Georgia's Temporary Capitol Building
The building that houses Macon's City Hall was constructed in 1837 as headquarters for the Monroe Railroad and Banking Company. In 1845, the Greek Revival temple-style building was converted into Macon's first "fire-proof" cotton warehouse. It was one of the largest such facilities in the state, capable of accommodating 6,000 bales of cotton. The City of Macon acquired the building in 1860 and, after extensive renovation, made it the seat of city government in early 1861. Flanking wings were added to the original structure in 1904, and further alterations were made later in the twentieth century.
As Federal armies poured into northwest Georgia in September 1863, Macon increasingly became a Confederate hospital center. Between then and November 1864, City Hall was pressed into service, becoming known temporarily as "City Hall Hospital." Housing approximately 150 casualties from the fighting at Chickamauga, Resaca, Kennesaw Mountain, and especially from the battles around Atlanta, it included a dispensary and other offices on the first floor, with patients in five wards spread over the first and second floors.
Then as Union Major General William T. Sherman's forces moved on the Georgia capital of Milledgeville in mid-November 1864, Governor Joseph E. Brown and the General Assembly removed to Macon. After asking that patients be transferred to other facilities, Macon's Mayor Stephen Collins was able to offer City Hall as a temporary State Capitol Building. He described it as having "two large rooms suitable for the Legislature and five smaller rooms for offices, besides a large enclosed and covered space for store room." Governor Brown accepted, and Georgia's last legislative session under Confederate authority was held here from February 16 to March 11, 1865. The March term of the Georgia Supreme Court was also conducted here.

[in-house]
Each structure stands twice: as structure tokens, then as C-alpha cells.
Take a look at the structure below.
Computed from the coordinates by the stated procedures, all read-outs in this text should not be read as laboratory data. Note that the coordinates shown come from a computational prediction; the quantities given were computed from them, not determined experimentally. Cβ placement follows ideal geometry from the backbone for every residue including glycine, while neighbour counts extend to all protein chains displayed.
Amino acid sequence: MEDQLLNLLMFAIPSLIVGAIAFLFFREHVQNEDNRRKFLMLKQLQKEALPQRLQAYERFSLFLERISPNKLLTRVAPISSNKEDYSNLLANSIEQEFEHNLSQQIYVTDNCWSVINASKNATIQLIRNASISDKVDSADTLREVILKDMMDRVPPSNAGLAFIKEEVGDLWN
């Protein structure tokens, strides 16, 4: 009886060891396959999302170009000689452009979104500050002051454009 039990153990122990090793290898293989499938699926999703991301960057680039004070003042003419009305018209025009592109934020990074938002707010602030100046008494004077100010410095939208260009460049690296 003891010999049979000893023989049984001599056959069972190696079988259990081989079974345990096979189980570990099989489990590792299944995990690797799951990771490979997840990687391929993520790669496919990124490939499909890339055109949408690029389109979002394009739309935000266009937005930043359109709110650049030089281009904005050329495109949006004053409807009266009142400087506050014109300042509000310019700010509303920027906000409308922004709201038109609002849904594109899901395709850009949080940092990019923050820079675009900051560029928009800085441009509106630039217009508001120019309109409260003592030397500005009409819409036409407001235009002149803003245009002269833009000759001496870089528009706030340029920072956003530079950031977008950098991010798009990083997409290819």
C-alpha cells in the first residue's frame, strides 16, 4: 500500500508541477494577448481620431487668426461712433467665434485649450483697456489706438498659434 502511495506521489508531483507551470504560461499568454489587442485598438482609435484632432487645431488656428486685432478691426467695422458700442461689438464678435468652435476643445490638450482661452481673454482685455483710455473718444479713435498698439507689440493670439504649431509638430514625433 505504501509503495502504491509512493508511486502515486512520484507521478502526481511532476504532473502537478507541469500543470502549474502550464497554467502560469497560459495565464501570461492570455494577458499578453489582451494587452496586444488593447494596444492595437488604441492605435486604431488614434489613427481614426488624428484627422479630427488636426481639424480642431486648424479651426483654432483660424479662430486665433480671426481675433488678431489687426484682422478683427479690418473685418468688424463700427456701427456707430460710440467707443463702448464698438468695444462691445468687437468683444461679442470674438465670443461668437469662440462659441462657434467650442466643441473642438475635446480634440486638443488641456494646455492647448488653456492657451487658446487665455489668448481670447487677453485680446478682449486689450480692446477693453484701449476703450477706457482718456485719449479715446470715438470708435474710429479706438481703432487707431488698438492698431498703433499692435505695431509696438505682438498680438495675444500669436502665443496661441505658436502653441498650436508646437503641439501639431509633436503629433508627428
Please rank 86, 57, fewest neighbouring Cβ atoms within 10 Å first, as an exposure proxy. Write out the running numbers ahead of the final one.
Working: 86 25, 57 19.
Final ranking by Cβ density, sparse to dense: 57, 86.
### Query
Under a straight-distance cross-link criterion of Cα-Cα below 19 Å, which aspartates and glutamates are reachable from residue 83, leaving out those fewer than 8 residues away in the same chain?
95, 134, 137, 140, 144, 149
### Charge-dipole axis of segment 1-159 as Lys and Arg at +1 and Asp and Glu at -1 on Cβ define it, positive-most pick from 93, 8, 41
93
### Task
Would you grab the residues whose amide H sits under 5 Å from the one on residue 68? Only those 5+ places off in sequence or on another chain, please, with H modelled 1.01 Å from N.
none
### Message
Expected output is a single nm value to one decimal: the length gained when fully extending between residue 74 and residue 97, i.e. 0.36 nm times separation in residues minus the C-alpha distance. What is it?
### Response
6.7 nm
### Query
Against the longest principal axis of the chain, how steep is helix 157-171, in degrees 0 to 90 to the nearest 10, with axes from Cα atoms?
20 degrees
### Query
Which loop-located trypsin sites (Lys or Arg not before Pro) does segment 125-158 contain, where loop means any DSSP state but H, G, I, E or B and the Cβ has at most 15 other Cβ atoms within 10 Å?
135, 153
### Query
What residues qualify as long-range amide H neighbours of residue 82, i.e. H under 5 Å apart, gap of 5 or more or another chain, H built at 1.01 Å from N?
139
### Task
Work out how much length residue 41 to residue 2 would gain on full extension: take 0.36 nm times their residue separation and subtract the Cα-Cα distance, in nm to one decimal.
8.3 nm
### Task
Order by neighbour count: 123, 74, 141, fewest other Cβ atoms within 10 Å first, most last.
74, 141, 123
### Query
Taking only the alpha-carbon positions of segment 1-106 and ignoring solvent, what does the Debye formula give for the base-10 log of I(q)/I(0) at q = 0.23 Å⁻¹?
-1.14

As the forces of Union Major General James H. Wilson entered Macon on April 20, 1865, a Confederate sentry guarding City Hall was shot and killed on the porch by members of the 17th Indiana Mounted Infantry. Later that night, Confederate Major General Howell Cobb and four subordinates, Major General Gustavus W. Smith, and Brigadier Generals William W. Mackall, Hugh Mercer and Felix Robertson, surrendered unconditionally to Wilson at this site.
(Sidebar): Along one side of this intersection at First and Poplar Streets is a monument erected in 1911 to honor the women of the Confederacy. Its figures represent women's contributions to the war effort in the areas of sewing, nursing and domestic service. And fronting Civic Square on First Street is the 1884 Gothic Revival building which housed the Macon Volunteer Armory. The Volunteers were Macon's first "home guards", or militia unit, organized in 1825. Their dedicated service in defense of the Confederacy is commemorated in the terra cotta masks of Generals Robert E. Lee and Thomas J (Stonewall) Jackson in their places of honor above the Armory's central doorway.